The Eurocodes gives the following equation for estimating a "simply supported bridge subject to bending only"*:

$$n_0 = \frac{17.75}{\sqrt{\delta_0}}$$


  • $n_0$ is the natural frequency in hertz
  • $\delta_0$ is the deflection at mid-span under permanent actions in mm

The equation is seemly plucked from thin air, and there is no explanation as to where the constant 17.75 comes from. As an engineer I'm loath to use a formula I don't understand, but more than that it would be helpful to learn the fundamentals behind it so that I can see if it can be altered to work with other support conditions.

Can anyone provide a derivation / fundamental origin to this relationship?

*Full reference is: EN 1991-2:2003 6.4.4 [Note 8] (Equation 6.3), if that helps.

  • 1
    $\begingroup$ This is the right pdf, right? $\endgroup$
    – HDE 226868
    Jan 27, 2015 at 22:05
  • $\begingroup$ Yes- I didn't realize you could pick up the Eurocodes of free! $\endgroup$ Jan 31, 2015 at 12:56

4 Answers 4


If we simplify the whole bridge into 2D thin beam with a constant section size, no internal damping and subject only to small vertical deflections, then the natural frequency is determined by simple harmonic motion:

$$ n_0 = \frac{1}{2 \pi} \sqrt{ \frac{ k } { m } } $$

Where $ n_0 $ is the natural frequency, $ k $ is the ratio between restorative force and deflection (the equivalent 'spring stiffness') and $m$ is the mass per unit length of the beam.

In a beam the restorative force is the internal shear caused by the deflected shape. As the force exhibited by a beam is proportional to the rate of change of shear, which is related to the stiffness ($EI$) and the rate of change of moment it can be shown (note: the deflection is proportional to the length of the beam) that:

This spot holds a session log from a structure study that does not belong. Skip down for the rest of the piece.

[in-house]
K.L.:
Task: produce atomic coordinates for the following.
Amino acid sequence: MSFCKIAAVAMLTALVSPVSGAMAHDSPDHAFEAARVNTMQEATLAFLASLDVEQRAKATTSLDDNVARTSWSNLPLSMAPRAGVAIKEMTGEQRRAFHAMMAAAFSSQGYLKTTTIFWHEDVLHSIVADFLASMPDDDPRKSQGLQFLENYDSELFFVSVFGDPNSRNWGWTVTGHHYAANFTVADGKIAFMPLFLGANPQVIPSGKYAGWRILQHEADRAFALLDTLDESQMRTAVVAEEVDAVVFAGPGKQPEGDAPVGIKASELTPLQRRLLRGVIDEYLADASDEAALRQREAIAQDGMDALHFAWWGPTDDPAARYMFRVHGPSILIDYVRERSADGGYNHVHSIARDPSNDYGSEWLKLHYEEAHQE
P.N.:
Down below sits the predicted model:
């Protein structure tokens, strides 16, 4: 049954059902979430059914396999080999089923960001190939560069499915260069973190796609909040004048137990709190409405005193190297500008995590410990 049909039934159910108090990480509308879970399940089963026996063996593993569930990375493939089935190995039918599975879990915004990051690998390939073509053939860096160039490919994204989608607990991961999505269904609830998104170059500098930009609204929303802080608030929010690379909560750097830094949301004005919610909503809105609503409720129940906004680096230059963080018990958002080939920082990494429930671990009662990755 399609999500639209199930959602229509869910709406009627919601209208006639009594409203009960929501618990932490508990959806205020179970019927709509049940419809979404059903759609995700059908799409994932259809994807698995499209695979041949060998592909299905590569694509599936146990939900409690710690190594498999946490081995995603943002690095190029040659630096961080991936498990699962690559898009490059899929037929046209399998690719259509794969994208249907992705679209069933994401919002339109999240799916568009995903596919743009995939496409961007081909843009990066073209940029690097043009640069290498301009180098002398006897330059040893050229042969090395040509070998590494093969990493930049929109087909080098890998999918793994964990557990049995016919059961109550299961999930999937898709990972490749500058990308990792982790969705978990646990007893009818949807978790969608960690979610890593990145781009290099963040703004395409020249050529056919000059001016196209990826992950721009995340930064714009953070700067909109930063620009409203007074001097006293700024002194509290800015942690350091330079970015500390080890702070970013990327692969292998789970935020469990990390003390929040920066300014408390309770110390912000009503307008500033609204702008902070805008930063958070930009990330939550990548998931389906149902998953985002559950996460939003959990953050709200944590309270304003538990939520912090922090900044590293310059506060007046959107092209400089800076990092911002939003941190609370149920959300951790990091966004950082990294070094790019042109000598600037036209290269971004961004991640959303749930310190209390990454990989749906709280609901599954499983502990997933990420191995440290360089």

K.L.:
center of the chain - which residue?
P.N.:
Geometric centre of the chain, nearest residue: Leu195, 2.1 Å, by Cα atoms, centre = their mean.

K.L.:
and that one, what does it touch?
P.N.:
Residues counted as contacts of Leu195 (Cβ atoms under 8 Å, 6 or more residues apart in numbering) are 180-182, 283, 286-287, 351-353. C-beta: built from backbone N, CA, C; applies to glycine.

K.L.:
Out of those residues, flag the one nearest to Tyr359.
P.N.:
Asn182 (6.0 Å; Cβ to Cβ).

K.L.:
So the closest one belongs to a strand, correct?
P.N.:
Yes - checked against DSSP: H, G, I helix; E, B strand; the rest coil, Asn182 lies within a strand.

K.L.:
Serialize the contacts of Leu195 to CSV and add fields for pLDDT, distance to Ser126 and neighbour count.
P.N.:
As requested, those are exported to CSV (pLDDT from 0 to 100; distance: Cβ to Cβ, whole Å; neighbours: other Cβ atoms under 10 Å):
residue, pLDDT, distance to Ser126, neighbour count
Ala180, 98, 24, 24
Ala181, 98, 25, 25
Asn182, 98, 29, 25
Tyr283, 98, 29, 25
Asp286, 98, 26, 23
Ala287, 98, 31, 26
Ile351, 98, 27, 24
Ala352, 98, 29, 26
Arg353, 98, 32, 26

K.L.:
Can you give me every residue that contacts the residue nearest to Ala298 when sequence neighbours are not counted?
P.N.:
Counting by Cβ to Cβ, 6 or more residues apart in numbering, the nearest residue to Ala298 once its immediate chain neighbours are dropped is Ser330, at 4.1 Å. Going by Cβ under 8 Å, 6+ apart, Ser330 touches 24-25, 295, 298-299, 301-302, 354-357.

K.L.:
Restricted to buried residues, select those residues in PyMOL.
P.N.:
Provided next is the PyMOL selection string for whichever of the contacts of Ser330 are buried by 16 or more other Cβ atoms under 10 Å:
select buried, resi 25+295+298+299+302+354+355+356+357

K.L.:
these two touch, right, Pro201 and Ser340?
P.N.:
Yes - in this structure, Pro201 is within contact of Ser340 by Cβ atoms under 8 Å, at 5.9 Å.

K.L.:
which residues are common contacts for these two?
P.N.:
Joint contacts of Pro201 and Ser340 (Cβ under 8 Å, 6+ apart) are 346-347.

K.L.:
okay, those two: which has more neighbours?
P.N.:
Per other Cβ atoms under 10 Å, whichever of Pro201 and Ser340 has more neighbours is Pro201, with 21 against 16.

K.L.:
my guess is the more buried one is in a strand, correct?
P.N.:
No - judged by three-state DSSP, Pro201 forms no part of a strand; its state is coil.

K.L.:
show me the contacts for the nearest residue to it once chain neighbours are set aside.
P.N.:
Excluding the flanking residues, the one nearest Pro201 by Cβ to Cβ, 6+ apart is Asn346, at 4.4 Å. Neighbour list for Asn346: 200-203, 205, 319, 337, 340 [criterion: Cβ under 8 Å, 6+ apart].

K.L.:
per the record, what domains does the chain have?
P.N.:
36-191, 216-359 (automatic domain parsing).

$$ k = \alpha \frac{ EI } { L^4 } $$

Where $E$ is the Young's Modulus of the beam material, $I$ is the Second Moment of Inertia of the beam section, $L$ is the length of the beam and $\alpha$ is a constant determined by the support conditions and mode number of the response.

All of the literature I have seen expresses this in a way that more convenient for the frequency equation:

$$ k = \left( \frac{ K }{L^2} \right)^2 (EI) $$

Substituting back in,

$$ n_0 = \frac{ K }{ 2 \pi L^2 } \sqrt{ \frac{ EI } {m} } $$

Calculating the value of $K$ is quite involved, and there is an exact approach for simple solutions, and approximate methods including the free energy method and Raleigh Ritz. A few deviations for a simply supported beam can be found here.

It should be noted that this equation would have been enough, but as it requires a table for $K$ and the calculation of a value of $EI$ that represents the bridge as a homogenous beam, the authors of the Eurocode seem to have decided it would be better re-integrate the assumption that $k$ is constant along the beam.

To do this they have used the following relationship:

$$ \delta_0 = C \frac { w L^4 } { EI } $$

Where $\delta_0$ is the maximum deflection, $C$ is a constant dictated by the support conditions, $w$ is a constant uniformly distributed load across the length of the beam.

Under self-weight $w = gm$, where $g$ is acceleration due to gravity (9810 mm/s2; as deflection in this equation is given in mm).

Therefore (re-arranged:)

$$ \sqrt { \frac { EI } { m } } = L^2 \sqrt { 9810 } \frac { \sqrt { C } } { \sqrt { \delta_0 } } $$

And so:

$$ n_0 = \frac { 15.764 K \sqrt { C } } { \sqrt { \delta_0 } } $$

General values for $K$ and $C$ can be found in structural tables- for example here, and here, respectively.